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Lawyer barred from visiting former vice president in jail

Police have barred lawyer of impeached vice president Ahmed Adeeb from prison visits, after the Supreme Court suspended his license to appear in courts. The apex court has since seized the authority to issue law licenses.



Police have barred lawyer of impeached vice president Ahmed Adeeb from prison visits, after the Supreme Court suspended his license to appear in courts.

Hussain Shameem’s license to appear in courts was suspended on Wednesday on a charge of contempt of court.

A police spokesman said Shameem would not be allowed to visit Adeeb until his license is reinstated.

A second lawyer, Ali Nadheem, was allowed to visit Adeeb on Thursday and Friday, according to Adeeb’s office.

The former vice president is being held at a remand facility on suspicion of links to an explosion on President Abdulla Yameen’s speedboat on September 28.

He was impeached on Thursday without the opportunity to speak in his defence, under a state of emergency decree issued the day before.

Shameem was not available for comment at the time of going to press.

The Supreme Court has since taken over the licensing and registering of lawyers, a task previously carried out by the Attorney General’s office.

Lawyers were required to obtain two permits; law licenses from the AG office, and a license to appear in courts from the apex court.

The court said it was taking over the licensing powers in order to ensure lawyers comply with standards stipulated in regulations, laws and the constitution.

“It has been brought to our attention that challenges are being posed against constitutional provisions on judicial independence when another party is in-charge of granting licenses to lawyers practicing in Maldivian courts and their professional standards,” the statement read.

Speaking to the Maldives Independent a prominent lawyer who wished to remain anonymous described the decision as an attempt to “arbitrarily undermine the independence of defence or human rights lawyers.”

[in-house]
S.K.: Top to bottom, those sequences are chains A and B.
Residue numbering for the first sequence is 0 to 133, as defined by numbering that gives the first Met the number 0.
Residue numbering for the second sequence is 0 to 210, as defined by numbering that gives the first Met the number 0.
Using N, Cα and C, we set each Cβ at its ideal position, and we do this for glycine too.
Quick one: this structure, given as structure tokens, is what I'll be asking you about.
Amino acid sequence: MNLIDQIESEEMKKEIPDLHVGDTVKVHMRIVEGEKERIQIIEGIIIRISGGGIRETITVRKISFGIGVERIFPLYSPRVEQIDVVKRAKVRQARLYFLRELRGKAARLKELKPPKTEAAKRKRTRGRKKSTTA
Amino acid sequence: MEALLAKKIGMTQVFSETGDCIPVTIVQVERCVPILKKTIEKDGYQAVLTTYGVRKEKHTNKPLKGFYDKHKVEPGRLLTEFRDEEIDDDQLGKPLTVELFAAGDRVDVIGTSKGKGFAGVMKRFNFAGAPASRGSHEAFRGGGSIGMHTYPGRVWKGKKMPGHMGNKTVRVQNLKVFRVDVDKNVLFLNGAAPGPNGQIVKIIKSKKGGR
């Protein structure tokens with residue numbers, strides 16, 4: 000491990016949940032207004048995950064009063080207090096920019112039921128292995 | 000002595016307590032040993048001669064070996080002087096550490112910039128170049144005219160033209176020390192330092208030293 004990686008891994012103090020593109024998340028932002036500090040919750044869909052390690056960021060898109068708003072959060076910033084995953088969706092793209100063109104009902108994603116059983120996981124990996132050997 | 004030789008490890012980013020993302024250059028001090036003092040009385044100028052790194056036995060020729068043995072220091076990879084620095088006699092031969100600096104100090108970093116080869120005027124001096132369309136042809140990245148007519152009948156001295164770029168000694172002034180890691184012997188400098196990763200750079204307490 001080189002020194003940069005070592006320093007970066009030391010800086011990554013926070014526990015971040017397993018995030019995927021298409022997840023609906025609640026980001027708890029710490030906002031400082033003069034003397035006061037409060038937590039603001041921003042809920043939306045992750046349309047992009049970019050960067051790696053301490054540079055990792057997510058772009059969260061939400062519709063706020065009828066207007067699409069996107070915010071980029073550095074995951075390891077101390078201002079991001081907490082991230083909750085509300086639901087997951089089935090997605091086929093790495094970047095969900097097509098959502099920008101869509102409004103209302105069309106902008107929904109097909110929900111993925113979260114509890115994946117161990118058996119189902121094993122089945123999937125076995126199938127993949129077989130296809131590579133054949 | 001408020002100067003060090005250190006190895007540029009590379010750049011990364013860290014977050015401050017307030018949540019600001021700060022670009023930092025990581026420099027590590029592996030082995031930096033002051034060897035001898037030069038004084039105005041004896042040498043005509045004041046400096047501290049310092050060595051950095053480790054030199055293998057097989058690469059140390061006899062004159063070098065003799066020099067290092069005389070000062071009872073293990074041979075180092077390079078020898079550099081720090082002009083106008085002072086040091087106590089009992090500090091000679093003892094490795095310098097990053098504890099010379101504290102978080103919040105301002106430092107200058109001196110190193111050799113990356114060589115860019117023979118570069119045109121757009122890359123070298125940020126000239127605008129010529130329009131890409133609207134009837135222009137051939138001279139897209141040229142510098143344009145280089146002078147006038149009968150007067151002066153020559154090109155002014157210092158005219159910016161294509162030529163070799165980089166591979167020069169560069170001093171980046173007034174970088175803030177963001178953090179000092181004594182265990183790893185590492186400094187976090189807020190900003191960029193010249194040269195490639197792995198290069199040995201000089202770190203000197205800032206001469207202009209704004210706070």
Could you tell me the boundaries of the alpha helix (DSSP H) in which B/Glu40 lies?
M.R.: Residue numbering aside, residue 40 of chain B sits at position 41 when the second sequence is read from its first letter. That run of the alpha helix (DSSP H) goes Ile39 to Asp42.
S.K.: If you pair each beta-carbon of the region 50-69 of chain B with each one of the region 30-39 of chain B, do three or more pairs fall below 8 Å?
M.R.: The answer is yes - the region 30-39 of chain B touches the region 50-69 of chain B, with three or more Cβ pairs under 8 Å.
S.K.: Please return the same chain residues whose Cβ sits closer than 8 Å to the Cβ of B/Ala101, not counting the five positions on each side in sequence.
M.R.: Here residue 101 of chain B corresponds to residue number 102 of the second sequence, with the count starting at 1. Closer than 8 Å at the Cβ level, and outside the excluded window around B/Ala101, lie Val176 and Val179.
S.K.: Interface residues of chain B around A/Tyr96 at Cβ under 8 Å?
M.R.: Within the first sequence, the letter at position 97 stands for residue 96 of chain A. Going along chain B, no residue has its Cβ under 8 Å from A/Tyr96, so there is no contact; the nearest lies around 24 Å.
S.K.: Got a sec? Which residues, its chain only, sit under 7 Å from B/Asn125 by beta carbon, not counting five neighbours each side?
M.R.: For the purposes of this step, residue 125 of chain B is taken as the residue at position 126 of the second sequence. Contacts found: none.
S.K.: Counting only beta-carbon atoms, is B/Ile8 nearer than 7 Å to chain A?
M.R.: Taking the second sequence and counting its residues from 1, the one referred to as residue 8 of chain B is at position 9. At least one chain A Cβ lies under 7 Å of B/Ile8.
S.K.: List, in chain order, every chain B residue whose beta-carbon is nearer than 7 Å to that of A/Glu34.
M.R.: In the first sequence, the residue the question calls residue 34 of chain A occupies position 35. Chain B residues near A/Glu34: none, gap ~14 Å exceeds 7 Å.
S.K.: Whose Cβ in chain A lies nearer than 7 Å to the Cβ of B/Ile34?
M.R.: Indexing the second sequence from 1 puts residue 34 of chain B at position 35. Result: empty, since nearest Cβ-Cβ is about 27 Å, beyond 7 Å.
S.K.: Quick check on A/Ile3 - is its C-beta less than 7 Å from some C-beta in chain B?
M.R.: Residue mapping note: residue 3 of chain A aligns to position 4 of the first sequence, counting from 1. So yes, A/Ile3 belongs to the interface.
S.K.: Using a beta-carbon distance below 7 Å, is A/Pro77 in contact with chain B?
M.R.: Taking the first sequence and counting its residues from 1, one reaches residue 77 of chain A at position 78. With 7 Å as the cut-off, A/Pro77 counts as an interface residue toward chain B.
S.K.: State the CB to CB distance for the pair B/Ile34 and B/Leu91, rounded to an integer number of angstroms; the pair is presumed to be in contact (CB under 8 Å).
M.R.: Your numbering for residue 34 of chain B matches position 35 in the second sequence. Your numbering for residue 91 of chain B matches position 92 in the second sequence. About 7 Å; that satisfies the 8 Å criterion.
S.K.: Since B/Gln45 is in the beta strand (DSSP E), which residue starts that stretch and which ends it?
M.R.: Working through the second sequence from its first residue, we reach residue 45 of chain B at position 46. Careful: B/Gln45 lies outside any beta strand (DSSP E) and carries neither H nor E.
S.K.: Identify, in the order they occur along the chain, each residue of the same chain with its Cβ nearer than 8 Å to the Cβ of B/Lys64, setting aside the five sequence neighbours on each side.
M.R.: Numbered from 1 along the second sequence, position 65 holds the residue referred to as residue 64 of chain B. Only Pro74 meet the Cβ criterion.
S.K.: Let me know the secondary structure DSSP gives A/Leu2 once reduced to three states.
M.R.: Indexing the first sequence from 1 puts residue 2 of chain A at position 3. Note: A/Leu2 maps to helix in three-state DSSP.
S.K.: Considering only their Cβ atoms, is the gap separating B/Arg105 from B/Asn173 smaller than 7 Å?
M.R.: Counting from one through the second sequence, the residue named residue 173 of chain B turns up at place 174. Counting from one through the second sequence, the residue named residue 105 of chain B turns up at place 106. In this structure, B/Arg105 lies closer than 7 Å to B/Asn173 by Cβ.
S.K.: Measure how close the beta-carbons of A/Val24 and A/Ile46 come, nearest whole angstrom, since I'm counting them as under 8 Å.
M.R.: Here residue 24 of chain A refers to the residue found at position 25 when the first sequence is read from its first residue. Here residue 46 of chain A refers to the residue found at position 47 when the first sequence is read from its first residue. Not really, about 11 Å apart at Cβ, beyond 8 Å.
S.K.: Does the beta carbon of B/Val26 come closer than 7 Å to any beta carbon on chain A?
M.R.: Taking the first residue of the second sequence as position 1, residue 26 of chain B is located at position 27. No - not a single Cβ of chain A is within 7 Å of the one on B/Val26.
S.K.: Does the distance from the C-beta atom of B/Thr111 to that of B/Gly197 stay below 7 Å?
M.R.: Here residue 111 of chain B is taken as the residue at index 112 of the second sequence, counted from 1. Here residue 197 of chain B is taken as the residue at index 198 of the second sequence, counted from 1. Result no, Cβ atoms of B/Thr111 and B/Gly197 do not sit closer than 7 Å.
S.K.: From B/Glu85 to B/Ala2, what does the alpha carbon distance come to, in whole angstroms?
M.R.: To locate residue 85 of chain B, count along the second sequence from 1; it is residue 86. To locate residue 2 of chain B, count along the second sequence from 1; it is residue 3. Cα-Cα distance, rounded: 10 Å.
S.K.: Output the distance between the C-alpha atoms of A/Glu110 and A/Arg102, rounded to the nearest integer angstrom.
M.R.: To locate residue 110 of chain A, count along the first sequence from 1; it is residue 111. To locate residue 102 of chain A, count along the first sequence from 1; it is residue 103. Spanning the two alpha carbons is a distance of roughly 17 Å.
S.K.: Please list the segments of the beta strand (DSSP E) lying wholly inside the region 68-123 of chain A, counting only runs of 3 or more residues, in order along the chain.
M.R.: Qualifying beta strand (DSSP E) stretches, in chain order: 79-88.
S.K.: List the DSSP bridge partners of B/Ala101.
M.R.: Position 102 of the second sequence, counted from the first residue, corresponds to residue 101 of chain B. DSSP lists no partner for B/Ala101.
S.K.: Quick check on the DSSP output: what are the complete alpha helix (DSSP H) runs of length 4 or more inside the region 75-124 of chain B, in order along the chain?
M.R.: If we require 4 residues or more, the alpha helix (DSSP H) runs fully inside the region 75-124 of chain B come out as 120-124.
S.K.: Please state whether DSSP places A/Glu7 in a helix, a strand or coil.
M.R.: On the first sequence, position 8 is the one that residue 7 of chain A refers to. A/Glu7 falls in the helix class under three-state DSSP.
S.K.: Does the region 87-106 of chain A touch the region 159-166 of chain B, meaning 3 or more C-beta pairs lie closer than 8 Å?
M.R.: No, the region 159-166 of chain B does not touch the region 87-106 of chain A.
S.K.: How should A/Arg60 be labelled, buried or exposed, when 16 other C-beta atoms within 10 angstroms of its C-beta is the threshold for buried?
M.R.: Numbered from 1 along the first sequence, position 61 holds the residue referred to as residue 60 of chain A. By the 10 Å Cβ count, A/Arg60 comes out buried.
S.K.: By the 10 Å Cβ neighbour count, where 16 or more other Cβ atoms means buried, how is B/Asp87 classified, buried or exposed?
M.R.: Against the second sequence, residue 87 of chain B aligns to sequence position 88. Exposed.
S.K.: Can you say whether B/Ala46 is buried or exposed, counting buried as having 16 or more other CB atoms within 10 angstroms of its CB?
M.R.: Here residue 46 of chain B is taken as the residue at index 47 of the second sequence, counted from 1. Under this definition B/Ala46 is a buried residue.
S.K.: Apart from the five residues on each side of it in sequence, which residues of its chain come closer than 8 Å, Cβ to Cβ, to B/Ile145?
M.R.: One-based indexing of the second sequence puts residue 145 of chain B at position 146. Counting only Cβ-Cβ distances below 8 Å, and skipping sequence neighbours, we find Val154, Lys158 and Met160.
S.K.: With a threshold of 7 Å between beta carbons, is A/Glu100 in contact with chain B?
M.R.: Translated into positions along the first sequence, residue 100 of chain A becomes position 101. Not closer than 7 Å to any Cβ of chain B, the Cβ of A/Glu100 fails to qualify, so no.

Arguing that an independent body must be established to regulate and train lawyers, the lawyer said: “Defence lawyers should not be regulated by a government body. Previously all lawyers had to register with the AG, this too is unacceptable in open democracies.”

The former UN Special Rapporteur on Independence of Judges and Lawyers, Gabriela Knaul, in a 2013 report, said she was concerned over the absence of an independent self-regulating bar association to oversee the process of admitting candidates to the legal profession.

“It is contrary to the Basic Principles on the role of lawyers that licences to practice law, as well as disciplinary measures, lay in the hands of the executive, as in the case of the Maldives, where the Attorney General is the authority who regulates the legal profession. The enforcement of compulsory registration of lawyers with the courts is also unacceptable. The regulation of disciplinary measures against lawyers falls outside of the prerogative of the judiciary or any other branch of power and contradicts the principle of independence of the legal profession,” she said.

When the Supreme Court takes action against lawyers, it leaves no avenue for appeal and review and is a violation of the rights of the lawyer, she added.

An independent bar association, however, “would not only provide a mechanism of protection for its members against undue interference in their legal work, but also monitor and report on their members’ conduct, ensuring their accountability and applying disciplinary measures in a fair and consistent manner.”

Shameem, speaking to the press on Thursday, expressed hope that the apex court would allow him the opportunity to speak in his defence on the contempt of court allegations.

Prior to suspending his license, the Supreme Court had summoned him for questions, but he was unable to attend as he was out of the country.

Shameem called his client’s impeachment unconstitutional, noting Adeeb was not allowed to speak in his defence, a right guaranteed in the constitution.

Yameen had used the state of emergency decree to shorten a 14-day notice for impeachment to seven days, allowing the ruling party-dominated parliament to schedule the vote without notice, just a day after the decree was proclaimed.

Speaker Abdulla Maseeh said Adeeb had failed to respond to the impeachment motion and failed to attend the sitting.

He declined to answer questions posed by opposition MPs, asking for proof that Adeeb had been informed of the sudden vote.

Adeeb is now facing prosecution on separate corruption and illegal weapons charges.

Additional reporting by Mohamed Saif Fathih